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Former Louisville assistant details Texas HC Charlie Strong's evaluation process

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Strong does something right in his assessment of recruits. Here's what it is.

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For the last three years, former Louisville Cardinals players have been the talk of the NFL Draft for Texas Longhorns fans, evidence that head coach Charlie Strong can build something in Austin by identifying and landing overlooked prospects. With the resources and prestige of Texas now at his disposal, Strong is signing higher-caliber prospects than he could at Louisville, but there are still three-star recruits in the 2016 class who look like potential impact players like those Strong found at his previous stop.

So how does Strong manage to find so many guys passed over by big programs? Former Louisville assistant coach Kenny Carter, who coached running backs under Strong and is now the Delaware State head coach, detailed to the Austin American-Statesman how Strong goes through the evaluation process:

He said the key to the staff identifying underrated prospects was the result of an objective evaluation process that Strong took from his time on Urban Meyer's staff at Florida. In that system, numeric values are assigned to various skills including physicality, hand movement and ball pursuit. A player's height and weight is also considered, but not dwelled on.

Each assistant coach watches film independently and provides an assessment without discussing the prospect under consideration as a group. Only prospects with a high enough score would receive a scholarship offer. However, even if the recruit in question has big offers and prototypical height and weight, Strong defers to the evaluations of his assistants rather than outside assessments or measurables.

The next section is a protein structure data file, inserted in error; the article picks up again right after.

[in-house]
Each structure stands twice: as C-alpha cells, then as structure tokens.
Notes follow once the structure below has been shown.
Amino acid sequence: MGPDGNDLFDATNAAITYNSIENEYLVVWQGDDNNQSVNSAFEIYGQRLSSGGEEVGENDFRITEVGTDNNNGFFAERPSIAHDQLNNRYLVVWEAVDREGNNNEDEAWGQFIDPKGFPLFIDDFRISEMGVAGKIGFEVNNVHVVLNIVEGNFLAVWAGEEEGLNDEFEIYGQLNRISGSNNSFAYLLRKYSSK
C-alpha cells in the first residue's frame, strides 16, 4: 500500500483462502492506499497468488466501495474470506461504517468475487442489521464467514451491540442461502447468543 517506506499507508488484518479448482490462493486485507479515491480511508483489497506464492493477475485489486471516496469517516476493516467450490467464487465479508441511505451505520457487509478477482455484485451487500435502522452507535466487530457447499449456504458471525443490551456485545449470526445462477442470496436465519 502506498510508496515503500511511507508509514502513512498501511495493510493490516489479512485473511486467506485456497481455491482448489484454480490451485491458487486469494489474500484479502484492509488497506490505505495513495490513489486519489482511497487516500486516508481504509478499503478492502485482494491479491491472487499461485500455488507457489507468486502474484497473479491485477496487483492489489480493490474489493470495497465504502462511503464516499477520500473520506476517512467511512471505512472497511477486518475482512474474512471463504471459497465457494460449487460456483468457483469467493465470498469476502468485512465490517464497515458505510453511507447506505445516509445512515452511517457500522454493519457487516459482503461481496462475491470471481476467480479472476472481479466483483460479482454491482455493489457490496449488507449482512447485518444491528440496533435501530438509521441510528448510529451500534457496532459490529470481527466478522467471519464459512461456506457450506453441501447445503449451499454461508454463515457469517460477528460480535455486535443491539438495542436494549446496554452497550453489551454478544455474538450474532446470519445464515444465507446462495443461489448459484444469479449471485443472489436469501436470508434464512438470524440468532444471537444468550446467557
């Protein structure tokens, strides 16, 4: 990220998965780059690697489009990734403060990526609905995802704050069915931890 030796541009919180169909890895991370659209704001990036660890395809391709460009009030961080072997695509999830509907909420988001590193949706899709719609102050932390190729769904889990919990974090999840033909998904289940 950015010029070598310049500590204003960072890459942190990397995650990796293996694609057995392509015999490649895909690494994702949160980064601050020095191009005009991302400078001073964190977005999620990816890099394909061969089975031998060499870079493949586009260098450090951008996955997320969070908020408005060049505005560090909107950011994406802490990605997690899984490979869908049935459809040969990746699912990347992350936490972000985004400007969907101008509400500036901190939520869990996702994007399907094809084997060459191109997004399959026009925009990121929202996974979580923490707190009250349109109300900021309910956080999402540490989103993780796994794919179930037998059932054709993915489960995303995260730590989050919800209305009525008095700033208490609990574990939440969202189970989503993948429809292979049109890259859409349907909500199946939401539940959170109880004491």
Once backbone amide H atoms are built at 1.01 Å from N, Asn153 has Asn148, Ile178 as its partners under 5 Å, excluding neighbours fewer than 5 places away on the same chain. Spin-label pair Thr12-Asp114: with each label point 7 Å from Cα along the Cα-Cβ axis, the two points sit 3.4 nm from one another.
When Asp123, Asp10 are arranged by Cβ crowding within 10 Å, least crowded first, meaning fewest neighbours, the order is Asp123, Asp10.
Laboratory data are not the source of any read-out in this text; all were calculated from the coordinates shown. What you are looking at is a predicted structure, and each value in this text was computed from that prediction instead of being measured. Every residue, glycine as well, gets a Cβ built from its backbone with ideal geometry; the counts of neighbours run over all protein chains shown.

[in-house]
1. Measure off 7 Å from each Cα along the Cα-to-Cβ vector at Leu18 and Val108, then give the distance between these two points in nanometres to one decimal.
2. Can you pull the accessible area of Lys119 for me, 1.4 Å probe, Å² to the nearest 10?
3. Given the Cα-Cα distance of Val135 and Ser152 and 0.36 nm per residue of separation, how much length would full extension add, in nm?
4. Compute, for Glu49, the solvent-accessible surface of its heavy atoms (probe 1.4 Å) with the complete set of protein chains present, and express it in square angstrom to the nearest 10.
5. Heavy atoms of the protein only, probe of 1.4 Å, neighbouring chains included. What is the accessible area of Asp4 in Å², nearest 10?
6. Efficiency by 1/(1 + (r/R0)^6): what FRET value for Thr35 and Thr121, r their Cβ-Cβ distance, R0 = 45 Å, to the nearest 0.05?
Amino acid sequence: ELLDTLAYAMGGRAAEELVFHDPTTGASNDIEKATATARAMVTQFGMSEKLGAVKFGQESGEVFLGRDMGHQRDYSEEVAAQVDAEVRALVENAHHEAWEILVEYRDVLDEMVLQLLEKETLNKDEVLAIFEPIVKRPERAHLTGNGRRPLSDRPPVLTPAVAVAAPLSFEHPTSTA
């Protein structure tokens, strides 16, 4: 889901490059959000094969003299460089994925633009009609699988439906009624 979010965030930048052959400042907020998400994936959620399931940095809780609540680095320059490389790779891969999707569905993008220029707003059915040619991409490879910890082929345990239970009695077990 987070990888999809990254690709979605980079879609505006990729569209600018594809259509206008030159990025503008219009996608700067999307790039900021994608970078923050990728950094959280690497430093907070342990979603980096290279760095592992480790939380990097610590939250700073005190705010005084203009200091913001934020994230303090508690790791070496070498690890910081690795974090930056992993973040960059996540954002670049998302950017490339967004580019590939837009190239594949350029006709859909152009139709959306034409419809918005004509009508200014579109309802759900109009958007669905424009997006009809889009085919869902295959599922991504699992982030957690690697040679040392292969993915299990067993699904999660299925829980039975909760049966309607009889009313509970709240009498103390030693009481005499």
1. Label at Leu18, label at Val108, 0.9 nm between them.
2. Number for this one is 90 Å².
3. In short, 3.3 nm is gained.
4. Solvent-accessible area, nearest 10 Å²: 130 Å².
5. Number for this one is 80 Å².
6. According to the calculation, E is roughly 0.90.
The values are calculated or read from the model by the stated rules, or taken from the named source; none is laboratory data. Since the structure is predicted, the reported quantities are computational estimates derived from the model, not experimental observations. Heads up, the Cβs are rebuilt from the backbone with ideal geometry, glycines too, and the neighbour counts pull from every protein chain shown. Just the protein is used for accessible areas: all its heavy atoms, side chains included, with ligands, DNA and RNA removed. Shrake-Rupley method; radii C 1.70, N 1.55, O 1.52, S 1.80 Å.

"All we cared about was our evaluation of the kid," Carter told the Statesman. "Charlie was always really, really good about that. We didn't have to worry about what our recruiting class was going to be ranked at the end of the deal."

By removing emotion from the process, Strong ensures that his coaches don't play favorites. By removing outside opinions, Strong eliminates the potential for groupthink.

That philosophy explains why Texas was the first school to offer sophomore running back Kirk Johnson two years and why the 'Horns extended a somewhat controversial offer to undersized Florida edge rusher Shemar Smith, who ended up at Oregon State. The latter move especially was hard to understand at the time since Smith was a two-star prospect perhaps generously listed at 6'1.

In addition to those tactics, Strong and his staff often take longer than other schools to evaluate prospects to ensure that players don't peak too early. Notable examples of waiting for see senior film from the 2016 class include Flower Mound Marcus defensive end Andrew Fitzgerald, Baton Rouge (La.) Madison Prep defensive end Malcolm Roach, and Euless Trinity defensive tackle Chris Daniels, and Belton offensive lineman Zach Shackelford.

"A lot of players have been missed here and at other places over the last five years because of early commitments of guys that didn't pan out," defensive coordinator Vance Bedford said last fall. "So we're trying to do a great job of evaluating guys and getting down to the nitty-gritty of making the right decisions."

Not only are early commitments dangerous because recruits may not improve after pledging so early, Bedford understands that the Longhorns can't get afford to be put in a position where coaches want to pull an offer but can't afford to negatively impact relationships at that school.

"(Football recruiting has become) like basketball," Bedford said Wednesday. "You can make a lot of mistakes when you try to commit guys three guys two years out, because sometimes, they don't get any better. If you have to make a decision to let them go, we're at the University of Texas, if we offer a kid who's a sophomore, we can't pull out in this state, because we're the satellite school."

Not all major programs feel that way, but for Strong, the process of building a comfort level with Texas high school coaches was too difficult to achieve and too valuable to risk.

While none of these philosophies are particularly revolutionary, when combined with Strong's ability to win over parents and earn the loyalty of his players, it makes for a whole that allowed the Texas head coach to send nearly half of his 2011 Louisville class to the NFL.

If he can achieve even remotely similar success with the Longhorns, the dark days of the last six years will end with a vengeance.